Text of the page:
Last week’s revelations about the proposed scope of practice for nursing associates should put more pressure on the government to announce its intentions for the role – and fast.
Its silence on the subject is igniting the highly flammable cocktail of fear and stress in a profession that is already undervalued and overworked.
The biggest concern expressed by many nurses is that the new role’s responsibilities will include medicines management. A document outlining the curriculum, leaked to Nursing Times’ sister title Health Service Journal last week, confirmed this is intended to be part of the scope of practice (read the story here), thereby compounding the fears of many. And while many directors of nursing I have spoken with are adamant the role must include drug administration to be of any use to them, some registered nurses feel this would undermine their own role.
”It seems to me that if administering drugs is part of the nursing associate’s practice, then regulation is non-negotiable”
It seems to me that if administering drugs is part of the nursing associate’s practice, then regulation is non-negotiable. Without it, there will be no standards set for training or education, and no defined scope of practice – or consequences to stop poor practice.
For the sake of patient safety, nursing associates must be regulated, they must take responsibility for their own practice, be accountable and comply with their own Code of Conduct.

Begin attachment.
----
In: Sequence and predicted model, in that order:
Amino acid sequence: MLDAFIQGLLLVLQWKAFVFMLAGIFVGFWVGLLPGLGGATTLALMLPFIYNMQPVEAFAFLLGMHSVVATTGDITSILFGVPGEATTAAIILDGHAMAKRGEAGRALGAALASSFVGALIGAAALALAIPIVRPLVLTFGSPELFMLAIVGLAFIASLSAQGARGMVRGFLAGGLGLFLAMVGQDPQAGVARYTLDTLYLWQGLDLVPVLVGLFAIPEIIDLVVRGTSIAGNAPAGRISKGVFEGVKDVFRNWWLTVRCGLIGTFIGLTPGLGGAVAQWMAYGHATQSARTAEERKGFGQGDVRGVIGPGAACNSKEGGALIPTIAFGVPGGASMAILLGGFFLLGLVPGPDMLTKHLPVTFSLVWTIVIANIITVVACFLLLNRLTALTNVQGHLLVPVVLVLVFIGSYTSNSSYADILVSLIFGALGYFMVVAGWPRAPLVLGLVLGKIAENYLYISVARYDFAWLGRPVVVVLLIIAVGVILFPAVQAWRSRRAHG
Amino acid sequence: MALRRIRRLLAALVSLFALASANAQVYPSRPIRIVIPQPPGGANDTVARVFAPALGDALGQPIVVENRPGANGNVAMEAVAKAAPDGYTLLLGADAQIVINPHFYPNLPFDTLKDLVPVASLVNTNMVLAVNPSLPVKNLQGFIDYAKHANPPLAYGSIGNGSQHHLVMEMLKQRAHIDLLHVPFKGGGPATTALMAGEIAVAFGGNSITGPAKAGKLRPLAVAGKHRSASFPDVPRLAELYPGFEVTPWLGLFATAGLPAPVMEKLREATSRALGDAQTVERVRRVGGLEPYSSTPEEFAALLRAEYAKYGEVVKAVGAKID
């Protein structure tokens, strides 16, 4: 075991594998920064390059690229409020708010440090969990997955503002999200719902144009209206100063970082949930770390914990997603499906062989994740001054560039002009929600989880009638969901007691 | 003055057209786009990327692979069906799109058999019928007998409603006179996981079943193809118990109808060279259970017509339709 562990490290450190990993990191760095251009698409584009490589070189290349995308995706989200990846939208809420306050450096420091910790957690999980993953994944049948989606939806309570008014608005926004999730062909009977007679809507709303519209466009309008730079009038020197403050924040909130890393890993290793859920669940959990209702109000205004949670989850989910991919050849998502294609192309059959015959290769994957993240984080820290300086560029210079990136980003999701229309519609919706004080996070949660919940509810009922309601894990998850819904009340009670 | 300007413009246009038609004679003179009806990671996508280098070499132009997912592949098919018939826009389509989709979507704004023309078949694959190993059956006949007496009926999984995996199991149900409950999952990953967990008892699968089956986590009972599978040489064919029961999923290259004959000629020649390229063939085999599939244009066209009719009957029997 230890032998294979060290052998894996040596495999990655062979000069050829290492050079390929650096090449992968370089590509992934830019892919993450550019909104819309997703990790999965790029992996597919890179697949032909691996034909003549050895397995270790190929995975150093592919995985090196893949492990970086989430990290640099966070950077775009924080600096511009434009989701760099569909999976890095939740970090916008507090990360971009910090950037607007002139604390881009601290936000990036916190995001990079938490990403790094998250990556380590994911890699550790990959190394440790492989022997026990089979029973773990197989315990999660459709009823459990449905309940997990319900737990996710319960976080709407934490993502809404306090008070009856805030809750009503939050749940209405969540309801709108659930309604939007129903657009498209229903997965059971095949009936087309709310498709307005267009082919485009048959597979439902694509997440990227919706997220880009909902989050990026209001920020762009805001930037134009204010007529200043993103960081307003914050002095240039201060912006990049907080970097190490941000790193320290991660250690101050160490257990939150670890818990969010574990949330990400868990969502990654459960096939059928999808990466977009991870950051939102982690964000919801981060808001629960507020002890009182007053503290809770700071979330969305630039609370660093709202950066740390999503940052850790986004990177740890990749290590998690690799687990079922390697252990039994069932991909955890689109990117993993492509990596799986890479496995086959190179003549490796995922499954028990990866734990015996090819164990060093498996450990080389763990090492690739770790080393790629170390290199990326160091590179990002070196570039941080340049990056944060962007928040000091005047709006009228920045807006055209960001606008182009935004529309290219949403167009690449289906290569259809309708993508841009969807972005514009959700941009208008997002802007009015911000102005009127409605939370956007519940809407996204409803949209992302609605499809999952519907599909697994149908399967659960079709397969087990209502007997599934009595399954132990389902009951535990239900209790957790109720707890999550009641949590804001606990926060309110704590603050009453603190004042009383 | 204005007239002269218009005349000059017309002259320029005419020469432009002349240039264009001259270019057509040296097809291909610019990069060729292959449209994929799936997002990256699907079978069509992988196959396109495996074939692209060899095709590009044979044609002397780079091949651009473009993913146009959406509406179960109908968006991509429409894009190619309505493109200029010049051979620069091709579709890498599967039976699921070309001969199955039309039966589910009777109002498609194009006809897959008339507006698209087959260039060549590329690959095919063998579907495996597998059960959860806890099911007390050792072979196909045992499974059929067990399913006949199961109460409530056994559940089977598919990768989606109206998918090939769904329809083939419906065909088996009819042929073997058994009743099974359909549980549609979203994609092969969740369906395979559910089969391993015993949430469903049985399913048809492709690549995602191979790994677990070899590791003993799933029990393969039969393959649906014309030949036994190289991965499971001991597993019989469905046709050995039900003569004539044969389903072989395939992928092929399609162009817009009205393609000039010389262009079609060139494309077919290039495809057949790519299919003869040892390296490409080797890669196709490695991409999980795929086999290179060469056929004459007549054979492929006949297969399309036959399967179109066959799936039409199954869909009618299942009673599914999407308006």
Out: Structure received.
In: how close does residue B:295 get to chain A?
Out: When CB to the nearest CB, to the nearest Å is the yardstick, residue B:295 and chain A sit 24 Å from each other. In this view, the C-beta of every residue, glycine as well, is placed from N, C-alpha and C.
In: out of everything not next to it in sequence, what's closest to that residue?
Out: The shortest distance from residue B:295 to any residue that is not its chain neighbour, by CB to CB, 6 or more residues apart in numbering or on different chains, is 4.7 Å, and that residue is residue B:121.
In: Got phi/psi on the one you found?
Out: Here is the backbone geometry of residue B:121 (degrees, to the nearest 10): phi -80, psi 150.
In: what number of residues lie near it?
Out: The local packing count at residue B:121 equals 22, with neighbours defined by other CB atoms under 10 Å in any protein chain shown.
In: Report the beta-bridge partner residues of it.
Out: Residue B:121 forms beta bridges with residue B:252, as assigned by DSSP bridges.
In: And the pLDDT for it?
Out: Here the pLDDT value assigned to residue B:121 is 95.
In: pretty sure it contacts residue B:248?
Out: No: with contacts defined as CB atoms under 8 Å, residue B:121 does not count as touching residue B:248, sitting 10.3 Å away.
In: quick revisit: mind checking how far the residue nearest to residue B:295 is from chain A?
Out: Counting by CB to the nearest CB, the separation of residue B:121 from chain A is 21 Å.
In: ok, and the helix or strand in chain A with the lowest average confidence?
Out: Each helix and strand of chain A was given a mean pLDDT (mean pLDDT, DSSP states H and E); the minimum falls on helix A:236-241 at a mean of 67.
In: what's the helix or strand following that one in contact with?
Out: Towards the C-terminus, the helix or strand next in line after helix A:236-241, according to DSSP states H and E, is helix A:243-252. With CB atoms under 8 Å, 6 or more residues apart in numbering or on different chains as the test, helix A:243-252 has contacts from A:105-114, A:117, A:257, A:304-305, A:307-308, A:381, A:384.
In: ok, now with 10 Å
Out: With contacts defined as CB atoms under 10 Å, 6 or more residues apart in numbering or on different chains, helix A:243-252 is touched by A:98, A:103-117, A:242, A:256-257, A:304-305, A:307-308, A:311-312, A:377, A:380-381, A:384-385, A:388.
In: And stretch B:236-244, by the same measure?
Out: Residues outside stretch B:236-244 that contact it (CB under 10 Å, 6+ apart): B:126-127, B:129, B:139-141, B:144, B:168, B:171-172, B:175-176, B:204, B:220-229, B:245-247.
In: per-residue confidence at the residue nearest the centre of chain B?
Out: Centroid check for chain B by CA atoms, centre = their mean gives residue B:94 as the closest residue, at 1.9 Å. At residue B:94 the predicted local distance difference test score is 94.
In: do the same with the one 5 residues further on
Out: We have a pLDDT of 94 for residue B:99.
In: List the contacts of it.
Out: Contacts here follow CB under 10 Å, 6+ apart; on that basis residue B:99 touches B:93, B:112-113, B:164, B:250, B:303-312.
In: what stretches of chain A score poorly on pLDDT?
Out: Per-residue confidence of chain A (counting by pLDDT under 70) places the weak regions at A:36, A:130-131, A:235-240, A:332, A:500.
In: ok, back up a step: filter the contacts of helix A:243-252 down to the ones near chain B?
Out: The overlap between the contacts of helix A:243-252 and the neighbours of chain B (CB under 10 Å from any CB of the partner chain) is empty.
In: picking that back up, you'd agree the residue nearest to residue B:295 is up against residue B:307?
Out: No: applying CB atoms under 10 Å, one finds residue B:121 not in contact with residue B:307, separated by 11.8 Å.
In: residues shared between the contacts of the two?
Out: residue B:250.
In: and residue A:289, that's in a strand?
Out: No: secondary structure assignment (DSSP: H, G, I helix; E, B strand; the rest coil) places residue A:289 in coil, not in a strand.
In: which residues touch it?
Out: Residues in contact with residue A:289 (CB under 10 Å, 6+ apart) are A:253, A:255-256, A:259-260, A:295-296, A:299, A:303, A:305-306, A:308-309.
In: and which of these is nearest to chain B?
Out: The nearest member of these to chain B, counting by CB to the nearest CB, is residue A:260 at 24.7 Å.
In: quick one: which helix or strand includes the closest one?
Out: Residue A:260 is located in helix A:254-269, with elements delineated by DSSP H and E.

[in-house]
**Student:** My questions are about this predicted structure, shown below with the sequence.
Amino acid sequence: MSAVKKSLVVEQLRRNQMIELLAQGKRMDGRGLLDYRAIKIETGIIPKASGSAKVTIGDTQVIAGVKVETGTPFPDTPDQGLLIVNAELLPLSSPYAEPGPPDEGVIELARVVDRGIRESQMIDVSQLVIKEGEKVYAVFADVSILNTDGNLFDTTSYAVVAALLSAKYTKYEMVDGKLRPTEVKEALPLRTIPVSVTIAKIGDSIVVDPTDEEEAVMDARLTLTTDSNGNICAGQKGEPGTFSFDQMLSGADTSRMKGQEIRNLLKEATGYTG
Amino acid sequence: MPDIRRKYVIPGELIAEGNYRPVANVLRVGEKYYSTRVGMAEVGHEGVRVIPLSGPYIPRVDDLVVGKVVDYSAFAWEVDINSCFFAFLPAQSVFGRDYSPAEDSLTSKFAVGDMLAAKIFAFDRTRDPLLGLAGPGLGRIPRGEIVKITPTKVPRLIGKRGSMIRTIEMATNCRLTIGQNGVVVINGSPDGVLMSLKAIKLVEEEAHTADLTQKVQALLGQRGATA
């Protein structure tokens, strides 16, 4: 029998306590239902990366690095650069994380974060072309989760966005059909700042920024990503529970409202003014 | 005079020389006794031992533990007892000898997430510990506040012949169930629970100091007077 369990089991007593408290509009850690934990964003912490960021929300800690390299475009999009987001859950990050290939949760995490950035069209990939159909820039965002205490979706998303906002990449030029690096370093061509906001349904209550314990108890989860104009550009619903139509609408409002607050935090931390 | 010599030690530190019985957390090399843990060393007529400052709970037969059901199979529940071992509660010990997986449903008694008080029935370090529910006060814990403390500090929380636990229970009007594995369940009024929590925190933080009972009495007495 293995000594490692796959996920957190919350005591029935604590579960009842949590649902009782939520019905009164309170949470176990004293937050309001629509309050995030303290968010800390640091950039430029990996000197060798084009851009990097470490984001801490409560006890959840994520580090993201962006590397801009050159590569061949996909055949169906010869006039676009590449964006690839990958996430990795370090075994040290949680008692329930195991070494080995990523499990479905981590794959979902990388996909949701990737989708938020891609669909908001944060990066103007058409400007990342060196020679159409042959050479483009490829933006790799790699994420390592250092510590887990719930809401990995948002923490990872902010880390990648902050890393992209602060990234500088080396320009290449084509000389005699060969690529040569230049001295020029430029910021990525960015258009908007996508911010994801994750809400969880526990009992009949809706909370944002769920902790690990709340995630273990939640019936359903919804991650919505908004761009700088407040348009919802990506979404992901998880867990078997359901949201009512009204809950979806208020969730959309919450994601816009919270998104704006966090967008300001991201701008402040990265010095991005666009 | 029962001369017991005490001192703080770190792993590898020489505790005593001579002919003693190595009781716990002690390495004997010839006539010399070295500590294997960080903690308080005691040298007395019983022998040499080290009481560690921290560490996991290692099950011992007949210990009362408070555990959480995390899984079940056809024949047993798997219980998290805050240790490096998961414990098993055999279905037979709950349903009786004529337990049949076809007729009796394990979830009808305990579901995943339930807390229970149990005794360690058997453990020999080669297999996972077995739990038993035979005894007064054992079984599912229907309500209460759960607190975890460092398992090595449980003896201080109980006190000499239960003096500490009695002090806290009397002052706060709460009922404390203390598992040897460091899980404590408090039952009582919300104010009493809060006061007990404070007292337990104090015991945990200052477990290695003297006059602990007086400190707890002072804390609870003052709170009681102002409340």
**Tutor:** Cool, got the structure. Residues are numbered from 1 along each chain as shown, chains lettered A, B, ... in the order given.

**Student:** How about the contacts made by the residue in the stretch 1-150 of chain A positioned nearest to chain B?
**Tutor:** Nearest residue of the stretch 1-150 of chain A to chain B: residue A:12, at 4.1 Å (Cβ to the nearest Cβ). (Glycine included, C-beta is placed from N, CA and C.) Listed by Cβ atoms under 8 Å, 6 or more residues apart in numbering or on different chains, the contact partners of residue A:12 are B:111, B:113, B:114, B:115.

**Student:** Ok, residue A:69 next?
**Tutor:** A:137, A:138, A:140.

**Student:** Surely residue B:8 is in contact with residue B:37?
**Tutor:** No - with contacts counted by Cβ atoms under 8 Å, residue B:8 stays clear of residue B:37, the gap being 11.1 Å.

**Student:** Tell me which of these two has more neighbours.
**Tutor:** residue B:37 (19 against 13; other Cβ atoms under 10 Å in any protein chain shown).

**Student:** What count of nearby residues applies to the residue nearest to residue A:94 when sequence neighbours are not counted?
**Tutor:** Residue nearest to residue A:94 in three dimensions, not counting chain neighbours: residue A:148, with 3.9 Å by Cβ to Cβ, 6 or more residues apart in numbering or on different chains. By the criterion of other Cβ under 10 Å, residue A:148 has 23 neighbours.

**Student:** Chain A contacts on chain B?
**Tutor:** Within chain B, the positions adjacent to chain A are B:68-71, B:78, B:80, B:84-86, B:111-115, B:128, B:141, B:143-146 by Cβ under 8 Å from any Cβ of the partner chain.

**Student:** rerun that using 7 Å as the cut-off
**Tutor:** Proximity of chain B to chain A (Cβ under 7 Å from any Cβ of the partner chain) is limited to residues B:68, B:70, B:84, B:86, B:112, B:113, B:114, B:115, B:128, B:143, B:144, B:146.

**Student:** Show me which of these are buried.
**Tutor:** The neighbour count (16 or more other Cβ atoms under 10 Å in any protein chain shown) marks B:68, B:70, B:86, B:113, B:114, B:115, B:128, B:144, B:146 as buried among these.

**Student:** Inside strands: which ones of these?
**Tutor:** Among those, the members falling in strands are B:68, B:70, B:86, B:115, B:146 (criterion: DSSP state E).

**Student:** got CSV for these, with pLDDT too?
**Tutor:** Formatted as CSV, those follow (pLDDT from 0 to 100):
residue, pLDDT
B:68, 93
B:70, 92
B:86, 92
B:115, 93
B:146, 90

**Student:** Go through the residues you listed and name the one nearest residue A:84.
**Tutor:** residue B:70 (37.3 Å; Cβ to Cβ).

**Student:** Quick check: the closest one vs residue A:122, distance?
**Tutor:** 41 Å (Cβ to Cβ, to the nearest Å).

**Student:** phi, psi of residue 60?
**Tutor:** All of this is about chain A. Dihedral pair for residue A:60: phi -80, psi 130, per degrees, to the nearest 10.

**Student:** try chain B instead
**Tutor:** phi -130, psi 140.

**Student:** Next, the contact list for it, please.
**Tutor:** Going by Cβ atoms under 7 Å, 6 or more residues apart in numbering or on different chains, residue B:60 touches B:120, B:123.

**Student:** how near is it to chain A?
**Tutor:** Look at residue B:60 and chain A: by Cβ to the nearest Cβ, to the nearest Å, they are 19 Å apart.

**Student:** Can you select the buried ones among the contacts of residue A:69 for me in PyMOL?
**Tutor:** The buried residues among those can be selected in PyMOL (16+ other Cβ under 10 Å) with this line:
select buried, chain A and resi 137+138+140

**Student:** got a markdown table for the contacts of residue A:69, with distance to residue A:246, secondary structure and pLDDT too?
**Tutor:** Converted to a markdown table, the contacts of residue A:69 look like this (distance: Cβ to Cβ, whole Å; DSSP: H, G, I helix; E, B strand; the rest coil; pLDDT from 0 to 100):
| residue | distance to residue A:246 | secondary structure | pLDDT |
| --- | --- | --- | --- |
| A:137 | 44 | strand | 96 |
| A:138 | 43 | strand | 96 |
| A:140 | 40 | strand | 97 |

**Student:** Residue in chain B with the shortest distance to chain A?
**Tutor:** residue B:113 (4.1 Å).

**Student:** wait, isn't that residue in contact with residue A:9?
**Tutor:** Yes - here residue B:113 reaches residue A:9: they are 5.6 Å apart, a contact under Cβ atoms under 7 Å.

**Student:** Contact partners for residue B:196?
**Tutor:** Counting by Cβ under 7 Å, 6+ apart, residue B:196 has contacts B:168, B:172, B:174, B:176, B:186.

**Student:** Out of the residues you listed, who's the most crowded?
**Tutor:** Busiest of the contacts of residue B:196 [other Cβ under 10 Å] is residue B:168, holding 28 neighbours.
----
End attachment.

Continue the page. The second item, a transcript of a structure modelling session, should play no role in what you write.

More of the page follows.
Their standards of practice cannot be defined by individual employers.
”It seems to me the government’s modus operandi when dealing with nurses is to bring in unpopular changes swiftly”
Why won’t the government just say what the role will entail and who will regulate it so the profession can get on with making sensible decisions about how nursing associates can safely practise alongside nurses, ensuring both roles support high-quality, safe patient care?
It seems to me the government’s modus operandi when dealing with nurses is to bring in unpopular changes swiftly, paying only lip service to consultation. We saw this with the removal of the bursary. Now it seems to be repeating its wall of silence with the nursing associate role, paying little attention to the expertise of the profession and patients’ needs. It should be open, welcoming debate and consulting on its plans.
Jeremy Hunt et al, if you are going to make such major changes to nursing, at least have the manners to be open about them – and bring on board the views of those who might, just might, be able to help you do it safely and effectively.
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